Jan. 11 (Bloomberg) -- Oil may rise next week after China’s exports jumped more than forecast last month, bolstering optimism growth will accelerate, a Bloomberg survey showed.
Fourteen of 28 analysts, or 50 percent, forecast crude will increase through Jan. 18. Nine respondents, or 32 percent, predicted a decline. Five forecast little change. Last week, 58 percent of analysts projected a gain.
China’s exports climbed 14.1 percent from a year earlier and the trade surplus almost doubled in the same period, the Beijing-based General Administration of Customs said. China imported 6.8 percent more oil in 2012 than 2011. The euro surged the most in four months versus the dollar yesterday as European Central Bank President Mario Draghi said the economy should gradually recover.
“Demand expectations are rising after China’s trade and oil import data,” said Phil Flynn, senior market analyst at the Price Futures Group in Chicago. “The euro is also being supported by Mario Draghi’s comments about low inflation and more improvements in the euro-zone.”
Euro-zone inflation will probably decline to below 2 percent this year, Draghi told reporters in Frankfurt today after the ECB kept its benchmark interest rate at 0.75 percent.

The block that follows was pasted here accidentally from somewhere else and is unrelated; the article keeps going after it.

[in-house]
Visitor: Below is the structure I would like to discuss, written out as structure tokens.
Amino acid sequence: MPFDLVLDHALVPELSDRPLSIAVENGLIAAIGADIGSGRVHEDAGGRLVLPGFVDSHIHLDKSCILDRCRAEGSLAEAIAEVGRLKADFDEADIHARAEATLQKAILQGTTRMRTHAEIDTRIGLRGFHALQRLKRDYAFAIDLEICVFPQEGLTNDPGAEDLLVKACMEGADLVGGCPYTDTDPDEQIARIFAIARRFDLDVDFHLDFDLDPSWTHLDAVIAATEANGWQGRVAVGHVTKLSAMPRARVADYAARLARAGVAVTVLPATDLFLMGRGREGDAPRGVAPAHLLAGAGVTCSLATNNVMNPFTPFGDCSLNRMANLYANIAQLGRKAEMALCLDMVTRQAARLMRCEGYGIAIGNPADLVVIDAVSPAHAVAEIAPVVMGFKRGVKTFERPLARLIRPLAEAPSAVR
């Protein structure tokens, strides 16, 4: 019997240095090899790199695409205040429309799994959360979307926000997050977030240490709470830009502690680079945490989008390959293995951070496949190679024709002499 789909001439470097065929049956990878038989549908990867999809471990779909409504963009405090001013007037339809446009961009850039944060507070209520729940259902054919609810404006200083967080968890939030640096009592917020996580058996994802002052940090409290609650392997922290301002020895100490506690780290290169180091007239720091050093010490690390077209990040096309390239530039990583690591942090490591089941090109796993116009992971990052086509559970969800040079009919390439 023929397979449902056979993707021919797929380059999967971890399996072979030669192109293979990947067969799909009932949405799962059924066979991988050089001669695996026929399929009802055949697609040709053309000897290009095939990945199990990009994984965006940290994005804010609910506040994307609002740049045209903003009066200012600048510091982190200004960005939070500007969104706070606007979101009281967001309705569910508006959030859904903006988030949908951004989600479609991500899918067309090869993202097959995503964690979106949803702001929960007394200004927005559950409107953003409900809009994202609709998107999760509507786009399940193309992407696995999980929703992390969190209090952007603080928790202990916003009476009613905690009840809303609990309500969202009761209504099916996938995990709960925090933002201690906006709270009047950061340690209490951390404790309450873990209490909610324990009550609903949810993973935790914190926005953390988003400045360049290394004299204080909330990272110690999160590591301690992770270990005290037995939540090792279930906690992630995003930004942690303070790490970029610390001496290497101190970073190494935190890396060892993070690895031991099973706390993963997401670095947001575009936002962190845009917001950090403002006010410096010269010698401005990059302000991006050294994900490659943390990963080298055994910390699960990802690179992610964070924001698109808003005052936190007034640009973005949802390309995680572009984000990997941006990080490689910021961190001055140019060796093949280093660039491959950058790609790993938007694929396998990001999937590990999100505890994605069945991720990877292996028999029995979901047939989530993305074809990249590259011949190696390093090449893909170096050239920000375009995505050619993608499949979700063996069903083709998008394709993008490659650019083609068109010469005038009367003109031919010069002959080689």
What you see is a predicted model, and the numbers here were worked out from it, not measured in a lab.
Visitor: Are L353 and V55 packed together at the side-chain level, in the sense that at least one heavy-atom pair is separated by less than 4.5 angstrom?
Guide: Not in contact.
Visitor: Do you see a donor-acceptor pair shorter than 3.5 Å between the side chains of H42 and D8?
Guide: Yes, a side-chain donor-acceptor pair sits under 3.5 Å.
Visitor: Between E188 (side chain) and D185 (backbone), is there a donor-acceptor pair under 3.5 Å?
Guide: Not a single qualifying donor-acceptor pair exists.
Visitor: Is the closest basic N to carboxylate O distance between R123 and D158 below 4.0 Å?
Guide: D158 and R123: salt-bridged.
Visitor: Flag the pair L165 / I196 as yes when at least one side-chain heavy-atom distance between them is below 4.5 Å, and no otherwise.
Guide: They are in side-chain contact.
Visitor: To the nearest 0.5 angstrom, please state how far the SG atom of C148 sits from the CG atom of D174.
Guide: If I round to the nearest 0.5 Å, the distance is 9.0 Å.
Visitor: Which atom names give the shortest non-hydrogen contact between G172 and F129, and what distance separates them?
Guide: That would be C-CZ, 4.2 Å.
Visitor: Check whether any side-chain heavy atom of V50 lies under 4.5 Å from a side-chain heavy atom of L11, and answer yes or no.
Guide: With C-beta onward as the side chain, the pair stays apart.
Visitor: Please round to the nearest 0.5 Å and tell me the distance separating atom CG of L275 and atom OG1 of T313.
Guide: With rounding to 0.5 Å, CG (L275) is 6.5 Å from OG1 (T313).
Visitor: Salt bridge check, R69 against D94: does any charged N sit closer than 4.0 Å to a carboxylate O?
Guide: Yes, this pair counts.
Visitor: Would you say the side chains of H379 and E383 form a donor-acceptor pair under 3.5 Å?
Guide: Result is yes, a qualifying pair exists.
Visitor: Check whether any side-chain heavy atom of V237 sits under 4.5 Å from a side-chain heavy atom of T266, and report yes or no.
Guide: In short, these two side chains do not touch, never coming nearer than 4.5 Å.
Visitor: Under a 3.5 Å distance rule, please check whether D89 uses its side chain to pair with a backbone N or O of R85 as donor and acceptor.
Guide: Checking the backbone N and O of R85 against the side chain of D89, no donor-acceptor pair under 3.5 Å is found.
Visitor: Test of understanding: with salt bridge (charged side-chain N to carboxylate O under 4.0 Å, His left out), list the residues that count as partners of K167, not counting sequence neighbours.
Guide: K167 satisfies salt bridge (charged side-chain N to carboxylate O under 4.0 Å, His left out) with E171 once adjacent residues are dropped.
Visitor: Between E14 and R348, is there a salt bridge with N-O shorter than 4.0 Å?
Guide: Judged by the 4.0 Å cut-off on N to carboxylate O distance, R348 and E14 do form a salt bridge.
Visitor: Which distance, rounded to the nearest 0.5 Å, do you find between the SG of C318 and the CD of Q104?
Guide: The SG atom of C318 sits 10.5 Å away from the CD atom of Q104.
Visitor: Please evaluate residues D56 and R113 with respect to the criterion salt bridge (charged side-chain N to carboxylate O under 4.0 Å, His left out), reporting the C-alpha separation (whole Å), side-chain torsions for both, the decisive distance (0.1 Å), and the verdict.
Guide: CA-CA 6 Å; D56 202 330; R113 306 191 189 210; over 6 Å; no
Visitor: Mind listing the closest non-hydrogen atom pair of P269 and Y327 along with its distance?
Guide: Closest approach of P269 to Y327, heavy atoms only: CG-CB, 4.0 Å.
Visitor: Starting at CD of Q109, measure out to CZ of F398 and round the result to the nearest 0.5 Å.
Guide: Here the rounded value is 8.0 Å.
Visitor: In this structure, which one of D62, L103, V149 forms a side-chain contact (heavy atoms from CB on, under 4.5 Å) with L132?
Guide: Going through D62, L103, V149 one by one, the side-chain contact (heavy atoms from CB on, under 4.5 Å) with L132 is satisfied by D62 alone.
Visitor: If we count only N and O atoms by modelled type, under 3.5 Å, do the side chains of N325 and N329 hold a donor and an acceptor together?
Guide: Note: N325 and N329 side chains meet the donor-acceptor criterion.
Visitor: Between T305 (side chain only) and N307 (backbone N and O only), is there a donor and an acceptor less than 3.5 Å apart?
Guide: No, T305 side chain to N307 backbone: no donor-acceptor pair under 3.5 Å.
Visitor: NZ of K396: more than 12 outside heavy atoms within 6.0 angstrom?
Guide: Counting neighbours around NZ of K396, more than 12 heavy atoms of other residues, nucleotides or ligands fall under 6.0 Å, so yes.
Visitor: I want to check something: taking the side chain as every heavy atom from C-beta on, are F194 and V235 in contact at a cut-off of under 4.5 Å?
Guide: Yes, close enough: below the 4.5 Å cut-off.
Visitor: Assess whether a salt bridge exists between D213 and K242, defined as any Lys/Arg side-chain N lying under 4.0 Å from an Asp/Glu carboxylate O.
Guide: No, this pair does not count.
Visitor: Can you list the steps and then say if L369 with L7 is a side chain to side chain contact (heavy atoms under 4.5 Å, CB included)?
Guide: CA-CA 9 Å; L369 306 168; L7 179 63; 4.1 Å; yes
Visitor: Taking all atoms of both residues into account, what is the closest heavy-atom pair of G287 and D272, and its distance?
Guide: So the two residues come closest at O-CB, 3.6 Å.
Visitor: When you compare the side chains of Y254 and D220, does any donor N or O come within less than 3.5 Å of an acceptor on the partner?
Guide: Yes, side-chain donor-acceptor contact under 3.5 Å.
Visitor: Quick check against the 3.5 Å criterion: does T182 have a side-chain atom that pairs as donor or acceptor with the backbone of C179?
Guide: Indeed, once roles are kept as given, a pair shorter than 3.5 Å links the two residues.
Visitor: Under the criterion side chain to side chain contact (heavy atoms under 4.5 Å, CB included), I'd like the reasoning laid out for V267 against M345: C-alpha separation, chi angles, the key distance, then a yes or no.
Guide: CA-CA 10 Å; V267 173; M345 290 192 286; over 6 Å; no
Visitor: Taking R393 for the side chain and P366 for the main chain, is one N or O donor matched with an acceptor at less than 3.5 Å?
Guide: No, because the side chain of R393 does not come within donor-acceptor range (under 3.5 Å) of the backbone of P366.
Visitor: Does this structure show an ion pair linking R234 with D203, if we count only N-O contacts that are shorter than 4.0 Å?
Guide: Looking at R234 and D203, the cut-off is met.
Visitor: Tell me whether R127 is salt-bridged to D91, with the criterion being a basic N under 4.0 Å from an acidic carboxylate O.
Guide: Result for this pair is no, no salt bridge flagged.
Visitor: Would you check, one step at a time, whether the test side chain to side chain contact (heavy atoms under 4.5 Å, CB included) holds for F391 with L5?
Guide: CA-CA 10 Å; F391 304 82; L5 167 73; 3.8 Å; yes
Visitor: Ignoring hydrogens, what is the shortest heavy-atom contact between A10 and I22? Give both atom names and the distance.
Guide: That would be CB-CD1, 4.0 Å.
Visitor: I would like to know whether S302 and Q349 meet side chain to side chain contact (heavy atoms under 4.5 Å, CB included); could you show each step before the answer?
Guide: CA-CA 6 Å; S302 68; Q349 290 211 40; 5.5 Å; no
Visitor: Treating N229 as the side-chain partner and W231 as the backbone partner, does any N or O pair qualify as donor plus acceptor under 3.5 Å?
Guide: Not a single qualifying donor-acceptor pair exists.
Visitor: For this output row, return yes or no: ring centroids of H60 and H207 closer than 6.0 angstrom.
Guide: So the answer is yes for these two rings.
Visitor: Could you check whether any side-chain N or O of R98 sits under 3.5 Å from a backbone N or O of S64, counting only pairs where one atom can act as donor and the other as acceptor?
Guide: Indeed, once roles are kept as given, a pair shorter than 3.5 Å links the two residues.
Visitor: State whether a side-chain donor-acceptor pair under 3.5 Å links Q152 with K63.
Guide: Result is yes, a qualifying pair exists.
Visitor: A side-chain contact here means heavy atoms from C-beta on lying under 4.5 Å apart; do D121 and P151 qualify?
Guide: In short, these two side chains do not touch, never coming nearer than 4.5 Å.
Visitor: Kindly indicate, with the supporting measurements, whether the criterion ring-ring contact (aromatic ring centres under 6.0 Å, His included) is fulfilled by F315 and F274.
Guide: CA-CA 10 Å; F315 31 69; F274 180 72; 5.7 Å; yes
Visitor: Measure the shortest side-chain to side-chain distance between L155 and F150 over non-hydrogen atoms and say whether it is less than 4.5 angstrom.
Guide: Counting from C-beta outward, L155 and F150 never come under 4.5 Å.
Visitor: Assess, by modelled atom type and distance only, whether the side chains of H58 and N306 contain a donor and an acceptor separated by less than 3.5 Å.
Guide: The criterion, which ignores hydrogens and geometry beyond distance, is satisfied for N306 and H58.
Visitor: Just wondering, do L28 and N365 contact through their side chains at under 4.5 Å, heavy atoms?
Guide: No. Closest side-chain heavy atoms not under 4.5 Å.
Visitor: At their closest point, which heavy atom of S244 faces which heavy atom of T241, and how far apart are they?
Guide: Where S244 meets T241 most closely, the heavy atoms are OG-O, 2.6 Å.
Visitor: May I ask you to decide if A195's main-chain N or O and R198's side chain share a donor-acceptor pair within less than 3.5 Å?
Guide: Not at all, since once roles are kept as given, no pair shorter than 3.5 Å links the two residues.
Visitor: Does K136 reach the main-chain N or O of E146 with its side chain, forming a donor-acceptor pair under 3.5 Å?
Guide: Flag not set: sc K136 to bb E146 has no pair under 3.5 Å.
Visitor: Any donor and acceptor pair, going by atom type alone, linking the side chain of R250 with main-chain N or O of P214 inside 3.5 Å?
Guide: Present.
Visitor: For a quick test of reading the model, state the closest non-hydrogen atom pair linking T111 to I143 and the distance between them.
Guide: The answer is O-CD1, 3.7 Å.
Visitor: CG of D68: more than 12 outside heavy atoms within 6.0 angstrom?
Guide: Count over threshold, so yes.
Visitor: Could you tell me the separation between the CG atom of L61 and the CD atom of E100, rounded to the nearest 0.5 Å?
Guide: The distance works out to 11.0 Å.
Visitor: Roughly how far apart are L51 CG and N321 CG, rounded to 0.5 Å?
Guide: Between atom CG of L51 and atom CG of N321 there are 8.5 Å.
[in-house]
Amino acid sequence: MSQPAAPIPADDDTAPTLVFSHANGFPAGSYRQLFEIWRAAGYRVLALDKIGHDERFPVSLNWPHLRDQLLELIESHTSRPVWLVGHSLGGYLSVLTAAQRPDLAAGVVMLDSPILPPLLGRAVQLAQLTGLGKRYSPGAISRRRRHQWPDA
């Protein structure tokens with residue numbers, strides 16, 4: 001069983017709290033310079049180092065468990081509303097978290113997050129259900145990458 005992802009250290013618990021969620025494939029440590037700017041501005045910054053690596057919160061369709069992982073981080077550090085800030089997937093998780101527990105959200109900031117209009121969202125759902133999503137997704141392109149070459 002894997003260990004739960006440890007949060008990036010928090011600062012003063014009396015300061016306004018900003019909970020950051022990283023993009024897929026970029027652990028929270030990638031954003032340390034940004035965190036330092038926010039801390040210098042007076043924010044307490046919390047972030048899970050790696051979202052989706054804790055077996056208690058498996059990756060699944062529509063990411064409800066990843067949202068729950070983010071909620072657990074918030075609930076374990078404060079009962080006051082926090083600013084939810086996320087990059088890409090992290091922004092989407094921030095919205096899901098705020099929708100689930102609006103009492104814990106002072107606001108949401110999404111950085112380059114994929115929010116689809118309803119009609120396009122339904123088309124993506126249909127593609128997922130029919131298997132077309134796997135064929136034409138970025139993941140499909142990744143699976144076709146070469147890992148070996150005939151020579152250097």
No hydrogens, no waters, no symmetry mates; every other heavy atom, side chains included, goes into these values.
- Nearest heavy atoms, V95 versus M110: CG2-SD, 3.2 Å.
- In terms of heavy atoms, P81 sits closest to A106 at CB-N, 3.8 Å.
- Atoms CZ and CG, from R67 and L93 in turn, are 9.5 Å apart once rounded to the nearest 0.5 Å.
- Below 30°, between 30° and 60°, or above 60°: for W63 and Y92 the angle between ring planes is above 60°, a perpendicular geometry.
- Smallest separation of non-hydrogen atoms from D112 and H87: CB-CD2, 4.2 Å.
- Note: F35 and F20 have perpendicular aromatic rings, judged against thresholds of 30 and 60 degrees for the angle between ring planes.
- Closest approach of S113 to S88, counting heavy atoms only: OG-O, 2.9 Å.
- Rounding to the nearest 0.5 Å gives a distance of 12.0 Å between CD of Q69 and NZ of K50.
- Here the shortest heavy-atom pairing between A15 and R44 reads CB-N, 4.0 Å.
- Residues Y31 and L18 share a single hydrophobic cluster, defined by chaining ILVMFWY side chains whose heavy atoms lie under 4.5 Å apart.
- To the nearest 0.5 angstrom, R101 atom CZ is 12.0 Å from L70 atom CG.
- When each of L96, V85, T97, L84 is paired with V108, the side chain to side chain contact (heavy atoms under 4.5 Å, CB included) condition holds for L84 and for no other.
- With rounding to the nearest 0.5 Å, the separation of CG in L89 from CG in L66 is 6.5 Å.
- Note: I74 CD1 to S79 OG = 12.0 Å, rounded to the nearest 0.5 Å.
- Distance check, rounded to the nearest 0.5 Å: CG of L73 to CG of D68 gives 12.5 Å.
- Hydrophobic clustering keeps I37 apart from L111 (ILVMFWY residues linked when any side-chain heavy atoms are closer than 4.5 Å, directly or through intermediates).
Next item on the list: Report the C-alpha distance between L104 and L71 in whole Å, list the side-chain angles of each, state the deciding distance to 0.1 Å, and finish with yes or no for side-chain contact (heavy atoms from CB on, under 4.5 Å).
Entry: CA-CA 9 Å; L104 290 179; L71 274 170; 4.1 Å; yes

The common currency climbed as much as 1.5 percent against the dollar to $1.3266. A stronger euro and weaker dollar increase oil’s appeal as an investment alternative.
The 27 members of the European Union accounted for 16 percent of global oil demand in 2011, according to BP Plc’s Statistical Review of World Energy. China, the largest consuming country after the U.S., used 11 percent of the world’s supply last year.
Oil increased 47 cents, or 0.5 percent, to $93.56 a barrel this week on the New York Mercantile Exchange. Prices are down 7.2 percent from this time last year.
The oil survey has correctly predicted the direction of futures 50 percent of the time since its start in April 2004.
Bloomberg’s survey of oil analysts and traders, conducted each Thursday, asks for an assessment of whether crude oil futures are likely to rise, fall or remain neutral in the coming week. The results were: RISE NEUTRAL FALL 14 5 9
To contact the reporter on this story: Mark Shenk in New York at firstname.lastname@example.org
To contact the editor responsible for this story: Dan Stets in New York at email@example.com.